Let’€™s fast forward to graduate school. Some of your children will undoubtedly end up there in the next few years. All three of my children earned their master’s degrees abroad–€”two from universities in the U.K. and one from an American university with its own fantastic campus in Spain. All three attracted students from all over the world. All three master’€™s degree programs were small, with excellent faculty-to-student ratios. The interesting thing about the U.K. programs was that each one was just one calendar year of study–September to September. Both had two semesters of coursework plus a summer for an internship and thesis or a final major project. The American university did a very similar thing–€”perhaps following European custom.

Not only was tuition lower in the European universities than it would have been in a private U.S. university, but the programs were just one year instead of what might well have been two years in the U.S. So, total tuition and living costs ended up being far lower in the U.K. At least in some cases, though I am not claiming in all cases, European graduate education turns out to be a way to save real money.

3. A Deal Breaker?

But enough about facts and figures. Let’€™s go back to something that Marie and I wrote about in our book last fall–€”How To Find the Right College: A Workbook for Parents of High School Students (available from amazon.com). We wrote about the notion of deal breakers–€”that is, things that are so important that you would not let your child apply to a college that didn’€™t have them or things that are so important that your child would not agree to apply to a college that didn’€™t have them. You might have your deal breakers, and your child might have others.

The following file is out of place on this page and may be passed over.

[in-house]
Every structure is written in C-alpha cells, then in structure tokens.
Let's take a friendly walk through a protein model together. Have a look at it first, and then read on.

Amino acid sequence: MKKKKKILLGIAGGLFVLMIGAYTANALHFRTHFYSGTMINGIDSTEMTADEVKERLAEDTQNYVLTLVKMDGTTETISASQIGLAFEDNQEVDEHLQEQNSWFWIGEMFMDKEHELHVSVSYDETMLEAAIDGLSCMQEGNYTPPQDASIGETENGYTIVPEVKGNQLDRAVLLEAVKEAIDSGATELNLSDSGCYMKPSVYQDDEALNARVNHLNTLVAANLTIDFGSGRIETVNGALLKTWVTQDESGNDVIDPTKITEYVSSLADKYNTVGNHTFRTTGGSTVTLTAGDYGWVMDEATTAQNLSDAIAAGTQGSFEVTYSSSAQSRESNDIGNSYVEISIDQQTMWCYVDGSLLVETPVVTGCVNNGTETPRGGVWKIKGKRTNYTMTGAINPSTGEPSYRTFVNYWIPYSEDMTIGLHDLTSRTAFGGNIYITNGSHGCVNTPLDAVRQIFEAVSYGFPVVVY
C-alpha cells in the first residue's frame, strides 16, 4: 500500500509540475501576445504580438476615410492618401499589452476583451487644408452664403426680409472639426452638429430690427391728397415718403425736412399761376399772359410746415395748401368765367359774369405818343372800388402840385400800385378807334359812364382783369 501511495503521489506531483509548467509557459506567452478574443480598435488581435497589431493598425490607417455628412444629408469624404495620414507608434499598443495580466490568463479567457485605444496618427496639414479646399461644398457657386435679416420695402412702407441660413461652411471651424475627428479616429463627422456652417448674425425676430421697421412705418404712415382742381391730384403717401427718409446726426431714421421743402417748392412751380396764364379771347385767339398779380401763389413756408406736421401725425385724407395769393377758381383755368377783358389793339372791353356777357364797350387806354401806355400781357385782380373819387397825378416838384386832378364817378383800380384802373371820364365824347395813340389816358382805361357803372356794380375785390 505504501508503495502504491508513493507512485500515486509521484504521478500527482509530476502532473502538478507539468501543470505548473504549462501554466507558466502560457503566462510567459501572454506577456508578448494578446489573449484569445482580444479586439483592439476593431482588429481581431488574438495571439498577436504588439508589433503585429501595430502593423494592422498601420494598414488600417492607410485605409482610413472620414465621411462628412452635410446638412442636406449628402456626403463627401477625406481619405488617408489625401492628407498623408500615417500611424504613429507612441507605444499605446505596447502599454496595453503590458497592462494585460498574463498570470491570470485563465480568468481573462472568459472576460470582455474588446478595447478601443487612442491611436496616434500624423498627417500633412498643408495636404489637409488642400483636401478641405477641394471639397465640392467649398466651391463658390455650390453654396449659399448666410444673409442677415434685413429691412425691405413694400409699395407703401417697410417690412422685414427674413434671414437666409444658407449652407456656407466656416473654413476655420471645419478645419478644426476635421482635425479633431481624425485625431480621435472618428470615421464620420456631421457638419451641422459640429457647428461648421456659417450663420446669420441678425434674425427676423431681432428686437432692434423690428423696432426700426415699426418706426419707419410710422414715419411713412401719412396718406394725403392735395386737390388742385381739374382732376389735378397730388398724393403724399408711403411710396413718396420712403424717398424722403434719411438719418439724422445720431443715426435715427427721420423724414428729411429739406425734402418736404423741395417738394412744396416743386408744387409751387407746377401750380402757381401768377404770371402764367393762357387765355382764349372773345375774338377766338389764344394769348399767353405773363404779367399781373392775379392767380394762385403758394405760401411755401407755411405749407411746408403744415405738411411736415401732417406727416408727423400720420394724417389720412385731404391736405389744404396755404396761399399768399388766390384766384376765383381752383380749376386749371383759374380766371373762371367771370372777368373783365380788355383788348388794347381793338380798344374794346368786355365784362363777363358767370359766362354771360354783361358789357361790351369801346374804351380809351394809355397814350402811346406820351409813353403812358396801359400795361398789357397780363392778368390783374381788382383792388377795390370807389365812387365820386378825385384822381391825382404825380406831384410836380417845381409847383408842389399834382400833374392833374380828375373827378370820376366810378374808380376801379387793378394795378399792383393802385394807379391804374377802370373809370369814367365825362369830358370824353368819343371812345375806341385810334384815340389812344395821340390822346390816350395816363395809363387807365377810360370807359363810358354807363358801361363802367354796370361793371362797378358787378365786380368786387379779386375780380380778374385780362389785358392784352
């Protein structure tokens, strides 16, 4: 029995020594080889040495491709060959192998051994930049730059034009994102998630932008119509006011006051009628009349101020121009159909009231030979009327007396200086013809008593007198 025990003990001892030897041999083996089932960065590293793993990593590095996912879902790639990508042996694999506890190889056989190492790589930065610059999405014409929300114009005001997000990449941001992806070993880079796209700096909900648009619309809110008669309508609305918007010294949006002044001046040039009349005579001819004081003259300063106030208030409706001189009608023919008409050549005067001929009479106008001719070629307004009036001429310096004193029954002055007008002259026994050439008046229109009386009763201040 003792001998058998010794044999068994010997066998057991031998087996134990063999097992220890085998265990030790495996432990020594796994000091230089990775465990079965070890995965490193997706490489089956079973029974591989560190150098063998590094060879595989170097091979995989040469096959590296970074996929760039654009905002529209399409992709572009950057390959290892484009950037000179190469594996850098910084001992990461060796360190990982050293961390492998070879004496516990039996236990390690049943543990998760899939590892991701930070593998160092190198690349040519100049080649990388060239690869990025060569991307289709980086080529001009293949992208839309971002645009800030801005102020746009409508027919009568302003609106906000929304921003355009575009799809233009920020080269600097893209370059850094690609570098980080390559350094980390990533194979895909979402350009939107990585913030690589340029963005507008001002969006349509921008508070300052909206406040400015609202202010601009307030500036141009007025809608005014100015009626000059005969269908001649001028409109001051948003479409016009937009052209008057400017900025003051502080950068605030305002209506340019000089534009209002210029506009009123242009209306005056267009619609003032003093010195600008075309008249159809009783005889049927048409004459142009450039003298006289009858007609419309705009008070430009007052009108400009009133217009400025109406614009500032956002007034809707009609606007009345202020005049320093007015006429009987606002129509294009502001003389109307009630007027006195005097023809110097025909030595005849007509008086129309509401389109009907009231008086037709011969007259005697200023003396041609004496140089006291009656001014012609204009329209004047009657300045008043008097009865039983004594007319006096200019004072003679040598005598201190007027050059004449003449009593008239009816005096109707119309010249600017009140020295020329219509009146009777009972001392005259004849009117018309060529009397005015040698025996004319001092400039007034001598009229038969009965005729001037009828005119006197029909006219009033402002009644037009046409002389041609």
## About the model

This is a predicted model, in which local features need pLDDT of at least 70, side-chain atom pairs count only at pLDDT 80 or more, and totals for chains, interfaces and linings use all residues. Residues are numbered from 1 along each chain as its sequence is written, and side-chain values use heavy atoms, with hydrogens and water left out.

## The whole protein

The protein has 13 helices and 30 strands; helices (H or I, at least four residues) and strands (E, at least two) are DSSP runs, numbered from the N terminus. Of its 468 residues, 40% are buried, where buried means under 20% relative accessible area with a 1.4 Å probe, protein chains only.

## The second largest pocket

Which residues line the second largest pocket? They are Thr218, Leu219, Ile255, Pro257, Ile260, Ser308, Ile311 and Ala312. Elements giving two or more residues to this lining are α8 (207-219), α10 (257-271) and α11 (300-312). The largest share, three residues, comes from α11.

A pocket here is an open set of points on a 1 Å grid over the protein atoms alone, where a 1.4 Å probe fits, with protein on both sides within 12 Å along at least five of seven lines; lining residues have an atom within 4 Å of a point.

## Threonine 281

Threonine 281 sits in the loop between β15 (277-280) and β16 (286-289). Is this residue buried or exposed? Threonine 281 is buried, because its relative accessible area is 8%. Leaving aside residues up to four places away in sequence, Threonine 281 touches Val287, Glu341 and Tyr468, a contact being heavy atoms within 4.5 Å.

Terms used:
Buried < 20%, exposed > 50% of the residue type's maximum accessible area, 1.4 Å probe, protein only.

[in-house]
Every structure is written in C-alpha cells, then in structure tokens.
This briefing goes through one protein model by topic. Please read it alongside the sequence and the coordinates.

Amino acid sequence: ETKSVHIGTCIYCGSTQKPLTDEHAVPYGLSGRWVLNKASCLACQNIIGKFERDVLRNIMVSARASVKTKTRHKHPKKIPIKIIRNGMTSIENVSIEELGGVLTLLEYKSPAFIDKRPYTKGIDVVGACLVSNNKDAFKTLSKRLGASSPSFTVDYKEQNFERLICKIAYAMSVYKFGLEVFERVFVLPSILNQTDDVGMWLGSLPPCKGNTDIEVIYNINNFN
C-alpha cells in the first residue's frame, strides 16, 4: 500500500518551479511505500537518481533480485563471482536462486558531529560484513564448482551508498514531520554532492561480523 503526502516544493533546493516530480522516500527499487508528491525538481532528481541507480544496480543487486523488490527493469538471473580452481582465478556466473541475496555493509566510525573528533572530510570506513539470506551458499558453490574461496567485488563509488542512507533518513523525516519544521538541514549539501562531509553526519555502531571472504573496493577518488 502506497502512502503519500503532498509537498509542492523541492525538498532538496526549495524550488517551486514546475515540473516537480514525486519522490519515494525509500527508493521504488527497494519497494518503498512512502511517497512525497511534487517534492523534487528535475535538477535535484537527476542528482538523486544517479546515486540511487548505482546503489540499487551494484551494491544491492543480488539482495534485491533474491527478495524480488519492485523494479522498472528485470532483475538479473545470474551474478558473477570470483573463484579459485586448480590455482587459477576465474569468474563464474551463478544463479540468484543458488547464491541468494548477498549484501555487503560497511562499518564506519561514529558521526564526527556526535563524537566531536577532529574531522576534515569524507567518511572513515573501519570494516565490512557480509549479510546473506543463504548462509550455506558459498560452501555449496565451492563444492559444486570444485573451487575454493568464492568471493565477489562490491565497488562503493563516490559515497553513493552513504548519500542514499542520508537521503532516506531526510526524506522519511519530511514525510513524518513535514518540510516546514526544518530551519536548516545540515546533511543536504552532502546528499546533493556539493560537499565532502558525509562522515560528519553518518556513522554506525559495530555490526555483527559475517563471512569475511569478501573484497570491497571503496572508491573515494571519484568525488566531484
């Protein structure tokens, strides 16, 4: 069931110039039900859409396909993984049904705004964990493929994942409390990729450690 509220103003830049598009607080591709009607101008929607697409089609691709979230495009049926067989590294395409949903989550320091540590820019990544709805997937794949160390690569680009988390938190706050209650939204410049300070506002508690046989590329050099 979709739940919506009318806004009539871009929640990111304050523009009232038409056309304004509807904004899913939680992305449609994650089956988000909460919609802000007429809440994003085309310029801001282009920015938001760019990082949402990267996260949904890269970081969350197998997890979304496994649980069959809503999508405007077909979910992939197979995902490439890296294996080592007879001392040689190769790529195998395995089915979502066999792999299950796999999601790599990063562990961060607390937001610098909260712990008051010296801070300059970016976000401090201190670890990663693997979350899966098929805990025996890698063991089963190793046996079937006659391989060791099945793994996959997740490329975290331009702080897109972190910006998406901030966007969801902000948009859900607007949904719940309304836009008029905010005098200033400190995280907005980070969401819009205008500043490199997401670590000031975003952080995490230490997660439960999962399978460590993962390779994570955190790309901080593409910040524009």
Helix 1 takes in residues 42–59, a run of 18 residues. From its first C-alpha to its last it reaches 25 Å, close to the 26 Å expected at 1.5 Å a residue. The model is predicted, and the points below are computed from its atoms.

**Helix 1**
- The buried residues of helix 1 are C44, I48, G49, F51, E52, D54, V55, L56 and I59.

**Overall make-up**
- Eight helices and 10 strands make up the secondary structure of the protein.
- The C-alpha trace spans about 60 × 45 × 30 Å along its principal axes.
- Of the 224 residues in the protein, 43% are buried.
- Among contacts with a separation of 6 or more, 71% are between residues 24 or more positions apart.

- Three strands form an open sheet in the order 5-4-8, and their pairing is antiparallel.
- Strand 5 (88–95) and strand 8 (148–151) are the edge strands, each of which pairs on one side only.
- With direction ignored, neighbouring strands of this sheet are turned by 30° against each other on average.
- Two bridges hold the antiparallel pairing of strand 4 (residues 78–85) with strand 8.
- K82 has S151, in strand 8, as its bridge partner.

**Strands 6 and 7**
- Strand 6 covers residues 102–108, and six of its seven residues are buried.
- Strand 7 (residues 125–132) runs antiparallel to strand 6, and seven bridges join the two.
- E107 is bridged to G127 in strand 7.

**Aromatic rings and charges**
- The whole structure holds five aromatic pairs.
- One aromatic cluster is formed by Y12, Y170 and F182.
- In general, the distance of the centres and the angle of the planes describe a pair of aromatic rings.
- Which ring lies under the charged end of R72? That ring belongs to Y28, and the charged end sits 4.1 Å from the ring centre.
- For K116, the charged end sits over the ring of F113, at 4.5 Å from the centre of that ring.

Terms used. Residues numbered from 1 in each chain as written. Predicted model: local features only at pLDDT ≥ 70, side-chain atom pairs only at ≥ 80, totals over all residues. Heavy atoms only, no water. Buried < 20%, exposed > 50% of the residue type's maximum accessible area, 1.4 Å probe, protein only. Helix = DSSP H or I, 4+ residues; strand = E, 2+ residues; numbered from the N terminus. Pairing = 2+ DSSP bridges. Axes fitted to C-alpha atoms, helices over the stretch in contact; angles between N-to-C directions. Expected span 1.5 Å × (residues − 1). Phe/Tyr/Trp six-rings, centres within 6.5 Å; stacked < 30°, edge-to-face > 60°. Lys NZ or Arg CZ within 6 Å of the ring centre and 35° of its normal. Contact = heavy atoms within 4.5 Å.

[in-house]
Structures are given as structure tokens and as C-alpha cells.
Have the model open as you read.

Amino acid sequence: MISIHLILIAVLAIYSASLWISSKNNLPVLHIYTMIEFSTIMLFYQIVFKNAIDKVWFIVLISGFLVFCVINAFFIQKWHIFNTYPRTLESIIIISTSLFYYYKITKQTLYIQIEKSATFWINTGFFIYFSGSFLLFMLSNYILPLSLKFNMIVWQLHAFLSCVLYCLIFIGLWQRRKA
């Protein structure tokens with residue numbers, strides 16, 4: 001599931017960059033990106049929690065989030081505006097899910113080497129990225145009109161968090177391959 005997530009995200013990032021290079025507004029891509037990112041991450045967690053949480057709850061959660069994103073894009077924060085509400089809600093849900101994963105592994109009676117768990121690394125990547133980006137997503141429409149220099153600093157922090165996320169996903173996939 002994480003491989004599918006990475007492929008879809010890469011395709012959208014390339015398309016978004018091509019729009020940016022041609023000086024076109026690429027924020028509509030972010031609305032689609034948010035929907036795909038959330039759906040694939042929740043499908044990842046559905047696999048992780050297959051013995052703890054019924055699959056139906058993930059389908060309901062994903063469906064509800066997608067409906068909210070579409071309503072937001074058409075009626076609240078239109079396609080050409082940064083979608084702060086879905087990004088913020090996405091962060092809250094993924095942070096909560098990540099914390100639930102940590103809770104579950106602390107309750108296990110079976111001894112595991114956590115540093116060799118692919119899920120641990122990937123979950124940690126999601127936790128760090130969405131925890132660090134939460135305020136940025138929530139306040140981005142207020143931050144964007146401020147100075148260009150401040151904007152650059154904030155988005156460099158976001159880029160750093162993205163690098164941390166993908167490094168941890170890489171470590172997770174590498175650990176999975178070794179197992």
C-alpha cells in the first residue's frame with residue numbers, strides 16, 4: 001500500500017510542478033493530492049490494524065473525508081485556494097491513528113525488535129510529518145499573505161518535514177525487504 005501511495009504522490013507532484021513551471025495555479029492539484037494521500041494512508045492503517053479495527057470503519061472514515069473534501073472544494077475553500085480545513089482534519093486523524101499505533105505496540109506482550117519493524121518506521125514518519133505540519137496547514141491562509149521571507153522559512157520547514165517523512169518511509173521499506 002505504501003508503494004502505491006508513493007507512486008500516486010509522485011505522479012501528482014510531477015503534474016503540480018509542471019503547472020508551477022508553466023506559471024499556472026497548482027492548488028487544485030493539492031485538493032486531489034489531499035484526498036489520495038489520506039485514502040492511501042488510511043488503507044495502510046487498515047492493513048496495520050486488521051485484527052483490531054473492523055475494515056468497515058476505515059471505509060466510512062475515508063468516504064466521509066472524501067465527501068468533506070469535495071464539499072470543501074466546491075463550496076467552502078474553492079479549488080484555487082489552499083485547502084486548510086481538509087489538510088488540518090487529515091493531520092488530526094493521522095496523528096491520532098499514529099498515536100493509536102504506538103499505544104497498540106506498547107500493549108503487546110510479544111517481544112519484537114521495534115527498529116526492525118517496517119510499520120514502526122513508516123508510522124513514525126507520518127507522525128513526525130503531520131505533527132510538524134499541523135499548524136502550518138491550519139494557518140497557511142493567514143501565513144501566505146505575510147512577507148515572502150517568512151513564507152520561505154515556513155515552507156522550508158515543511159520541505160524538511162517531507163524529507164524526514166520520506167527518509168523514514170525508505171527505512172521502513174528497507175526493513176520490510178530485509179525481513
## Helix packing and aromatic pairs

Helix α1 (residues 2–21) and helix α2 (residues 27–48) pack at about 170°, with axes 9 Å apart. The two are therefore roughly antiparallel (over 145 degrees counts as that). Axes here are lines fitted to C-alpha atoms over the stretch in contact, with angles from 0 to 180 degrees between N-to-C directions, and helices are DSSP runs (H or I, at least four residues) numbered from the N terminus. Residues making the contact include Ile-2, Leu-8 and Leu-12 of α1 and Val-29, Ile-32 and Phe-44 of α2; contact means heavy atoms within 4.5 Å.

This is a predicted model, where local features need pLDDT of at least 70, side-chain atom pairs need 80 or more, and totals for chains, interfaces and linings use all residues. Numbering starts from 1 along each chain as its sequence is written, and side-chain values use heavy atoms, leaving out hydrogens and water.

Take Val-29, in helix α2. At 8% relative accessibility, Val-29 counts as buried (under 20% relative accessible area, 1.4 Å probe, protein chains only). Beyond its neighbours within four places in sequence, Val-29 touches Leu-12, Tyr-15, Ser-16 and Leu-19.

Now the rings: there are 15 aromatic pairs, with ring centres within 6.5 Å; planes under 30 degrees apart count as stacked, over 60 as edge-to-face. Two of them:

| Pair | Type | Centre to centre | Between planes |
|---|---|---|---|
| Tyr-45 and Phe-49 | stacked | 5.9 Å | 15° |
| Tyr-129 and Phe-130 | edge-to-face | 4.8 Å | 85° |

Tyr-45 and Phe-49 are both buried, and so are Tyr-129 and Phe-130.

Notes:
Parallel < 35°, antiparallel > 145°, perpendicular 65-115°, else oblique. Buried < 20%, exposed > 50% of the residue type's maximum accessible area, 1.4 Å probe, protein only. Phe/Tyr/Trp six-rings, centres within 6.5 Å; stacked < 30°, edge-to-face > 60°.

We talked about nine deal breakers in the book, and we have done episodes on all of them. Now, I am wishing that we had written about a tenth deal breaker, and that is whether a college you are considering for your child has its own study abroad program or at least easy access to a study abroad program (perhaps a joint one in a consortium of other colleges). If I have managed to convince any of you listeners about the values of foreign study–€”in students’€™ academic growth, personal growth, and social growth–€”the availability of such a program might well make your deal breakers list. It should have made mine if I had known more at the time.

While it is always possible to do a semester abroad even if a college does not have its own program or easy access to one, that takes a lot of effort from the student, including dealing with faculty and administrators who might not think that leaving their own college for another institution abroad is worth it. Having a program in place at your child’€™s college makes things a lot smoother.

We talked often about study abroad programs in our virtual nationwide tour some months ago. At the time, we were amazed at the variety of programs that existed and at the attractiveness of those programs. We noted colleges that encouraged–”even required–their students to study abroad and colleges where high percentages of students did study abroad. And we applauded them. So, what do you think? Is this a new deal breaker for you or your child?

Want to hear from a parent and a student about studying abroad?

  • Watch our Facebook video featuring Regina and her daughter discussing her study abroad experiences below.

Ask your questions or share your feedback by…

  • Leaving a comment here on the show notes for this episode
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Episode 74: 17 Ways to Make College More Affordable

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17 Ways to Make College More Affordable on USACollegeChat podcastWe have talked about money and how to pay for college any number of times, but we thought we would try to pull it all together in this episode.  Here are your notes for the episode (but you should tune in to get the full explanation for each of these 17 tips:

  1. Have the “€œmoney talk”€ with your child–€”what you can afford, what you are willing to pay, and what your child might need to do to contribute.
  2. Use a 529 college savings plan to put money aside (the sooner, the better).
  3. Start the college search early so you can save time and money by eliminating colleges that aren’€™t a good fit for your child.
  4. Don’€™t rely on guidance counselors to help you save (e.g., getting application fee waivers); do your own homework.
  5. Limit your search to public colleges in your own state.
  6. Consider public colleges outside your own state.